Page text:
The Oscar-winning actress claimed during remarks at the National Board of Review awards gala that the late animator had been a sexist and an anti-Semite.
“Disney, who brought joy, arguably, to billions of people, was perhaps, or had some racist proclivities,” said Streep, according to a transcript published by Vanity Fair magazine.
“He formed and supported an anti-Semitic industry lobby. And he was certainly, on the evidence of his company’s policies, a gender bigot”.
Streep read from a rejection letter from Disney to a young woman in Arkansas who applied for his cartooning training programme in 1938. “Women do not do any of the creative work,” he told her.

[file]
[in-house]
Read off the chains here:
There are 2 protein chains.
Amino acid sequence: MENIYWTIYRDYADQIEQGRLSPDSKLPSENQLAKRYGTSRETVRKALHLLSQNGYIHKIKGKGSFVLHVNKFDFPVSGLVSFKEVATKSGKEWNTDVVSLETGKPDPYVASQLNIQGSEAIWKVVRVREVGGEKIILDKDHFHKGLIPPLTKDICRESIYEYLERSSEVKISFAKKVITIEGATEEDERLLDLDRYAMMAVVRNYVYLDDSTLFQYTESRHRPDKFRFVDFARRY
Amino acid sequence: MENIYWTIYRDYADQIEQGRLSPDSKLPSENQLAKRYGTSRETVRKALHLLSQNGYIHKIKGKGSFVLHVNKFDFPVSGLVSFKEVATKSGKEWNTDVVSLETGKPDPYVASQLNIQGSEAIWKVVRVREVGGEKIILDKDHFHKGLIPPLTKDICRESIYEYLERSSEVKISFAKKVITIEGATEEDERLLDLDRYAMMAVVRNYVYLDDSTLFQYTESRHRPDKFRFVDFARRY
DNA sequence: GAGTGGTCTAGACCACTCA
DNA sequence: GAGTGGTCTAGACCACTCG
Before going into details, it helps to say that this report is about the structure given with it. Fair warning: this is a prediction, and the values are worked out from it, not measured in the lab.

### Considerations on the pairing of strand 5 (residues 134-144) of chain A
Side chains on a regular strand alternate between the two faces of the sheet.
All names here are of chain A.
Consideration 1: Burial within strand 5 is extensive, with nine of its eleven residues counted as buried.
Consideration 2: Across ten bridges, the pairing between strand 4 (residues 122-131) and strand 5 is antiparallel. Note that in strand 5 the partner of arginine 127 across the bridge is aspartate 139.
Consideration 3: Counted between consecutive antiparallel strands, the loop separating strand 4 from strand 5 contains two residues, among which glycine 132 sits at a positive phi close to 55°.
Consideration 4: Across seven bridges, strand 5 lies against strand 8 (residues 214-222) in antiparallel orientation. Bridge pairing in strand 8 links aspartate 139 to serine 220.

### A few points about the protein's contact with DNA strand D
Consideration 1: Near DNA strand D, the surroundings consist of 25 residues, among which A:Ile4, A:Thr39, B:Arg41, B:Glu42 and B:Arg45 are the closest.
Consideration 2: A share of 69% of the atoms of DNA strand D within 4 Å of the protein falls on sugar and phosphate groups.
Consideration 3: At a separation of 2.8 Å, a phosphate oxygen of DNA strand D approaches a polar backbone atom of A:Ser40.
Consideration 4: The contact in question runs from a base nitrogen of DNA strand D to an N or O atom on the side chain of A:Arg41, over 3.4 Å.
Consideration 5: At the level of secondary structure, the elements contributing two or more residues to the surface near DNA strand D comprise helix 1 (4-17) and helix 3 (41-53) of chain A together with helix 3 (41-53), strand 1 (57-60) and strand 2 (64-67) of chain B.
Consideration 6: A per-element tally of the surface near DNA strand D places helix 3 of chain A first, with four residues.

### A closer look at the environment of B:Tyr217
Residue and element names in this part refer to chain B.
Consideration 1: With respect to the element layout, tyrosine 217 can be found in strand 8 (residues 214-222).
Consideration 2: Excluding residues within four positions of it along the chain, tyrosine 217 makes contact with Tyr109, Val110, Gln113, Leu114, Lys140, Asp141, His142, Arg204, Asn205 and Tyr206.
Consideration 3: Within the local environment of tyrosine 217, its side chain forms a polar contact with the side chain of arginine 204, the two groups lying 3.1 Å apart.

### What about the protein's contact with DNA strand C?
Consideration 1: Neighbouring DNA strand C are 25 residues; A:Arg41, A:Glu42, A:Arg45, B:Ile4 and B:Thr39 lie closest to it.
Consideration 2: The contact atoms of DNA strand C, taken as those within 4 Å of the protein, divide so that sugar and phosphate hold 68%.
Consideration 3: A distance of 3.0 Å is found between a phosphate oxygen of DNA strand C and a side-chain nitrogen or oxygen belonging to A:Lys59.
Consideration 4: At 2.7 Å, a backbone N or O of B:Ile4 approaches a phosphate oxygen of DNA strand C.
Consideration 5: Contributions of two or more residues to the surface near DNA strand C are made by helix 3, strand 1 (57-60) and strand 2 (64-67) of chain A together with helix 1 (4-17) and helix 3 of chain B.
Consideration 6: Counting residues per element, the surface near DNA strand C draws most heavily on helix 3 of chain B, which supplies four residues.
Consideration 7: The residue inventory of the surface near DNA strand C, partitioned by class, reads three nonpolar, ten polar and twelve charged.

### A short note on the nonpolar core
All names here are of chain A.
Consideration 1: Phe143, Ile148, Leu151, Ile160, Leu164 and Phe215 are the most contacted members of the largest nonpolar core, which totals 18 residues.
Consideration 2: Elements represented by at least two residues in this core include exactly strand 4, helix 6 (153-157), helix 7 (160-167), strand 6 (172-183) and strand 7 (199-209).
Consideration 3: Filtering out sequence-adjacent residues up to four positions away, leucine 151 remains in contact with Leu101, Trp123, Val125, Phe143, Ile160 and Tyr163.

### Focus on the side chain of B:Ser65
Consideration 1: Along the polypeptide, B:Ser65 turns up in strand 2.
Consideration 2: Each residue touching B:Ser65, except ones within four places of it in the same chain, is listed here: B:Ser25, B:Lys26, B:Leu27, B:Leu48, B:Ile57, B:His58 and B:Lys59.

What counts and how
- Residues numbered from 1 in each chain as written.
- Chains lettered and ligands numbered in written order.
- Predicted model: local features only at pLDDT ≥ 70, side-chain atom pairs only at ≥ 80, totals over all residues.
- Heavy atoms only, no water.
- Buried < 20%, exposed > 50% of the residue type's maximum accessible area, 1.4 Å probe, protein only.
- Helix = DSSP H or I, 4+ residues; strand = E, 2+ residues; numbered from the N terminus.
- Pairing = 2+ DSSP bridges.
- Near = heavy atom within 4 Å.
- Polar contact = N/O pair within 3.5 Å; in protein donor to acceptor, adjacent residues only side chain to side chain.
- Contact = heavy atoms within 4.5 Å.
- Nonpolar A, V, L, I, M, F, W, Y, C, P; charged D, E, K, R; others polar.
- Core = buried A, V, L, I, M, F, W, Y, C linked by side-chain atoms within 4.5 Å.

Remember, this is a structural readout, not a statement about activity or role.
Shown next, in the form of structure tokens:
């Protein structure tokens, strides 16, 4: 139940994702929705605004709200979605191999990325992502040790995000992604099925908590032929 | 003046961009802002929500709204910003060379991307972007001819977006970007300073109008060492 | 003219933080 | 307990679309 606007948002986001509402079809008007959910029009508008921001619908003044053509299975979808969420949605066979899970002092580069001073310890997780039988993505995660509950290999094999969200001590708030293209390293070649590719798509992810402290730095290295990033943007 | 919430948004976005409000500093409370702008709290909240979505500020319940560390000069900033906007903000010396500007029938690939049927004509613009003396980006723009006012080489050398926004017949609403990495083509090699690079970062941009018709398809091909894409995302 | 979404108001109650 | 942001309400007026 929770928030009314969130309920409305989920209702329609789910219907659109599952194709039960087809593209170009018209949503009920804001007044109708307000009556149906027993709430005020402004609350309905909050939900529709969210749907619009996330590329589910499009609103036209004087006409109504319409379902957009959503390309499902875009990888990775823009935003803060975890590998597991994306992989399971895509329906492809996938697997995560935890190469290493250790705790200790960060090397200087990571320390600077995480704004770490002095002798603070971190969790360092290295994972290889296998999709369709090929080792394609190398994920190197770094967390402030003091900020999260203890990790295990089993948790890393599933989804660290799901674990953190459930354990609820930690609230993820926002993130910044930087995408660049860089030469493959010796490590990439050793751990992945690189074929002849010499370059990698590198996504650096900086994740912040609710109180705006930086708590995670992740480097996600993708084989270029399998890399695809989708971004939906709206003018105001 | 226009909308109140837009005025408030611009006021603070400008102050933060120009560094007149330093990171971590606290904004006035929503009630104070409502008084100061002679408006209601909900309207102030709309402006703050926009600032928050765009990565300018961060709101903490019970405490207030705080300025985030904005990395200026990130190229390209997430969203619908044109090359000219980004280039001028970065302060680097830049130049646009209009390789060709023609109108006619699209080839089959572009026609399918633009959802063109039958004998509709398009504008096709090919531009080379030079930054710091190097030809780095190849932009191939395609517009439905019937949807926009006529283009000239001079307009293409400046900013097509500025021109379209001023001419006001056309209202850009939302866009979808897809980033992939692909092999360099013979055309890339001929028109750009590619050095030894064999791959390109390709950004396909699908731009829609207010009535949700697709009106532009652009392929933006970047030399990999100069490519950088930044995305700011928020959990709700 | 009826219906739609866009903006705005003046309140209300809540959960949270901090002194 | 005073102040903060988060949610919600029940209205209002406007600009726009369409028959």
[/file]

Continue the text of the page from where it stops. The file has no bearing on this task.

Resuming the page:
“Some of his associates reported that Walt Disney didn’t really like women,” Streep added. Disney, who died aged 65 in 1966, has frequently been accused of prejudice against Jews.
He was a founder member of the Motion Picture Alliance for the Preservation of American Ideals, a known anti-semitic group, and even hosted Leni Riefenstahl, the Nazi film director, at his studio.
Streep made her comments while presenting the British actress Emma Thompson with an award for her portrayal of P.L. Travers, the writer of Mary Poppins, in the Disney film Saving Mr Banks.
The film charts the efforts of Disney, played by Tom Hanks, to persuade Travers to allow him to adapt her work into the musical that became one of Disney's most successful works.
Streep told the audience that Thompson would appreciate the rejection letter because “she’s also a rabid, man eating feminist, like I am”.